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MRI-visible perivascular space location is associated with Alzheimer's disease independently of amyloid burden

Banerjee, G; Kim, HJ; Fox, Z; Jaeger, HR; Wilson, D; Charidimou, A; Na, HK; ... Werring, DJ; + view all (2017) MRI-visible perivascular space location is associated with Alzheimer's disease independently of amyloid burden. Brain , 140 (4) pp. 1107-1116. 10.1093/brain/awx003. Green open access

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Abstract

Perivascular spaces that are visible on magnetic resonance imaging (MRI) are a neuroimaging marker of cerebral small vessel disease. Their location may relate to the type of underlying small vessel pathology: those in the white matter centrum semi-ovale have been associated with cerebral amyloid angiopathy, while those in the basal ganglia have been associated with deep perforating artery arteriolosclerosis. As cerebral amyloid angiopathy is an almost invariable pathological finding in Alzheimer’s disease, we hypothesized that MRI-visible perivascular spaces in the centrum semi-ovale would be associated with a clinical diagnosis of Alzheimer’s disease, whereas those in the basal ganglia would be associated with subcortical vascular cognitive impairment. We also hypothesized that MRI-visible perivascular spaces in the centrum semi-ovale would be associated with brain amyloid burden, as detected by amyloid positron emission tomography using 11C-Pittsburgh B compound (PiB-PET). Two hundred and twenty-six patients (Alzheimer’s disease n = 110; subcortical vascular cognitive impairment n = 116) with standardized MRI and PiB-PET imaging were included. MRI-visible perivascular spaces were rated using a validated 4-point visual rating scale, and then categorized by severity (‘none/mild’, ‘moderate’ or ‘frequent/severe’). Univariable and multivariable regression analyses were performed. Those with Alzheimer’s disease-related cognitive impairment were younger, more likely to have a positive PiB-PET scan and carry at least one apolipoprotein E ɛ4 allele; those with subcortical vascular cognitive impairment were more likely to have hypertension, diabetes mellitus, hyperlipidaemia, prior stroke, lacunes, deep microbleeds, and carry the apolipoprotein E ɛ3 allele. In adjusted analyses, the severity of MRI-visible perivascular spaces in the centrum semi-ovale was independently associated with clinically diagnosed Alzheimer’s disease (frequent/severe grade odds ratio 6.26, 95% confidence interval 1.66–23.58; P = 0.017, compared with none/mild grade), whereas the severity of MRI-visible perivascular spaces in the basal ganglia was associated with clinically diagnosed subcortical vascular cognitive impairment and negatively predicted Alzheimer’s disease (frequent/severe grade odds ratio 0.03, 95% confidence interval 0.00–0.44; P = 0.009, compared with none/mild grade). MRI-visible perivascular space severity in either location did not predict PiB-PET. These findings provide further evidence that the anatomical distribution of MRI-visible perivascular spaces may reflect the underlying cerebral small vessel disease. Using MRI-visible perivascular space location and severity together with other imaging markers may improve the diagnostic value of neuroimaging in memory clinic populations, in particular in differentiating between clinically diagnosed Alzheimer’s and subcortical vascular cognitive impairment.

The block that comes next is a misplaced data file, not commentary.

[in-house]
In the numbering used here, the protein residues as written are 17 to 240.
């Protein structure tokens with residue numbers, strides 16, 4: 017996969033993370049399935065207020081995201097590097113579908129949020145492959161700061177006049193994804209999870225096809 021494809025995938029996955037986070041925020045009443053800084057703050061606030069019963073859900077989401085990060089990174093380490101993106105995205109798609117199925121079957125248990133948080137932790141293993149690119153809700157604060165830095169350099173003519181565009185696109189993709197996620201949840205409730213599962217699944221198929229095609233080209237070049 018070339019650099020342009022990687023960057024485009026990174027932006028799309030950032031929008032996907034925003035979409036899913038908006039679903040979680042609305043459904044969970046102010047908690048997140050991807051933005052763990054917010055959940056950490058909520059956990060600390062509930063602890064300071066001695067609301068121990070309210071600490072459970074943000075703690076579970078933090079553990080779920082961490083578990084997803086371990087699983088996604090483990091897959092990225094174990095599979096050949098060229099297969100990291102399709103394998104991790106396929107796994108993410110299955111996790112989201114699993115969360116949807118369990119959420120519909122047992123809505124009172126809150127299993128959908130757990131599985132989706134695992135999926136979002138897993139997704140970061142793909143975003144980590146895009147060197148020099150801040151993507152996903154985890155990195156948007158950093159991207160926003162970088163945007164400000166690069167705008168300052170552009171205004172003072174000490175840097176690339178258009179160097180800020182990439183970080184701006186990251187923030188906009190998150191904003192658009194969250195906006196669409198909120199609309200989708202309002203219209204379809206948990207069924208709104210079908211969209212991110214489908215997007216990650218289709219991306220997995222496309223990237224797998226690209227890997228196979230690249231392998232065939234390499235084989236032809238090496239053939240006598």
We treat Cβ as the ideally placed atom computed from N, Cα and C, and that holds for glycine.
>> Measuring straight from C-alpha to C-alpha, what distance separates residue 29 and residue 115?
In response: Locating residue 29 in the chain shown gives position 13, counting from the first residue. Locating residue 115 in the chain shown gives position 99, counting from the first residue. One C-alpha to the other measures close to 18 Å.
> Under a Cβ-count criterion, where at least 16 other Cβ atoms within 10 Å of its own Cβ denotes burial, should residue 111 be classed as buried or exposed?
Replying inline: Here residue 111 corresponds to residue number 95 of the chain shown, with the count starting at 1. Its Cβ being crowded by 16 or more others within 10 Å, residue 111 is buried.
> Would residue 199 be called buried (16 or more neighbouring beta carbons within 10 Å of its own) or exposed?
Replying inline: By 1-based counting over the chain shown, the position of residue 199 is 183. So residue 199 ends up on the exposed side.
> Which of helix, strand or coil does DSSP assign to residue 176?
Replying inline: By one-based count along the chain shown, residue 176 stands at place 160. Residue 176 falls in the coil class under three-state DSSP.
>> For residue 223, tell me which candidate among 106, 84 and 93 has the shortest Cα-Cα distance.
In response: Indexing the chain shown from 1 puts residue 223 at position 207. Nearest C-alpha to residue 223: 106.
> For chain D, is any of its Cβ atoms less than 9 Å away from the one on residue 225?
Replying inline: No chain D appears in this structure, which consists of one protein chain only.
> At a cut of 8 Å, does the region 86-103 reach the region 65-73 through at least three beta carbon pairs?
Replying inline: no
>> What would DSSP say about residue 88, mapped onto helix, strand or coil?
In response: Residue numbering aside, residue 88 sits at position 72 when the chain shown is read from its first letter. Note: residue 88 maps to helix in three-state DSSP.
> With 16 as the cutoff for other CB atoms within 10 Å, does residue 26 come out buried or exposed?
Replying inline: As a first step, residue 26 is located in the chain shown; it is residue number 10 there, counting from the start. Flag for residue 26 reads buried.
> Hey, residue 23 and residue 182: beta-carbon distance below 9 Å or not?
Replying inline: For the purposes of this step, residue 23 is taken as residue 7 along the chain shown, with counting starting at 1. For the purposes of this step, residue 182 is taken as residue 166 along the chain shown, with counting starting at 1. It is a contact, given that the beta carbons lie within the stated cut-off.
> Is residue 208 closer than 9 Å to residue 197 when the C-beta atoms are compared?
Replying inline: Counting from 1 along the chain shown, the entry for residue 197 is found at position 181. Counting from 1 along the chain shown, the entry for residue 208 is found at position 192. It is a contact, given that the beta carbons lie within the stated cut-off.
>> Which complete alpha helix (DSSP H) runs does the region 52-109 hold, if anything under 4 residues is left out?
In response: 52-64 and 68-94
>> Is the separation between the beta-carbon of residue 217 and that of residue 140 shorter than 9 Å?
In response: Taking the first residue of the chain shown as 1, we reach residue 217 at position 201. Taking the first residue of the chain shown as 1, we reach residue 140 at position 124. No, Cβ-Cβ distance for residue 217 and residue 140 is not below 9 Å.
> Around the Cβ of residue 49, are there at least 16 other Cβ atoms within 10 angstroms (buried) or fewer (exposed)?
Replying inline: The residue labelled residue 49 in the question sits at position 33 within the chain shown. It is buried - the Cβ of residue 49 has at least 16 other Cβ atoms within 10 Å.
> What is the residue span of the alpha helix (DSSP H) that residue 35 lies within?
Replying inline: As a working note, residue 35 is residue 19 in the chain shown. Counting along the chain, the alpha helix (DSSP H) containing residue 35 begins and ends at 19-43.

Type: Article
Title: MRI-visible perivascular space location is associated with Alzheimer's disease independently of amyloid burden
Open access status: An open access version is available from UCL Discovery
DOI: 10.1093/brain/awx003
Publisher version: http://doi.org/10.1093/brain/awx003
Language: English
Additional information: This version is the author accepted manuscript. For information on re-use, please refer to the publisher’s terms and conditions.
Keywords: Perivascular space, Alzheimer’s disease, subcortical vascular cognitive impairment, cerebral amyoid angiopathy, amyloid PET
UCL classification: UCL
UCL > Provost and Vice Provost Offices > School of Life and Medical Sciences
UCL > Provost and Vice Provost Offices > School of Life and Medical Sciences > Faculty of Brain Sciences
UCL > Provost and Vice Provost Offices > School of Life and Medical Sciences > Faculty of Brain Sciences > UCL Institute of Prion Diseases
UCL > Provost and Vice Provost Offices > School of Life and Medical Sciences > Faculty of Brain Sciences > UCL Queen Square Institute of Neurology
UCL > Provost and Vice Provost Offices > School of Life and Medical Sciences > Faculty of Brain Sciences > UCL Queen Square Institute of Neurology > Brain Repair and Rehabilitation
URI: https://discovery.ucl.ac.uk/id/eprint/1546860
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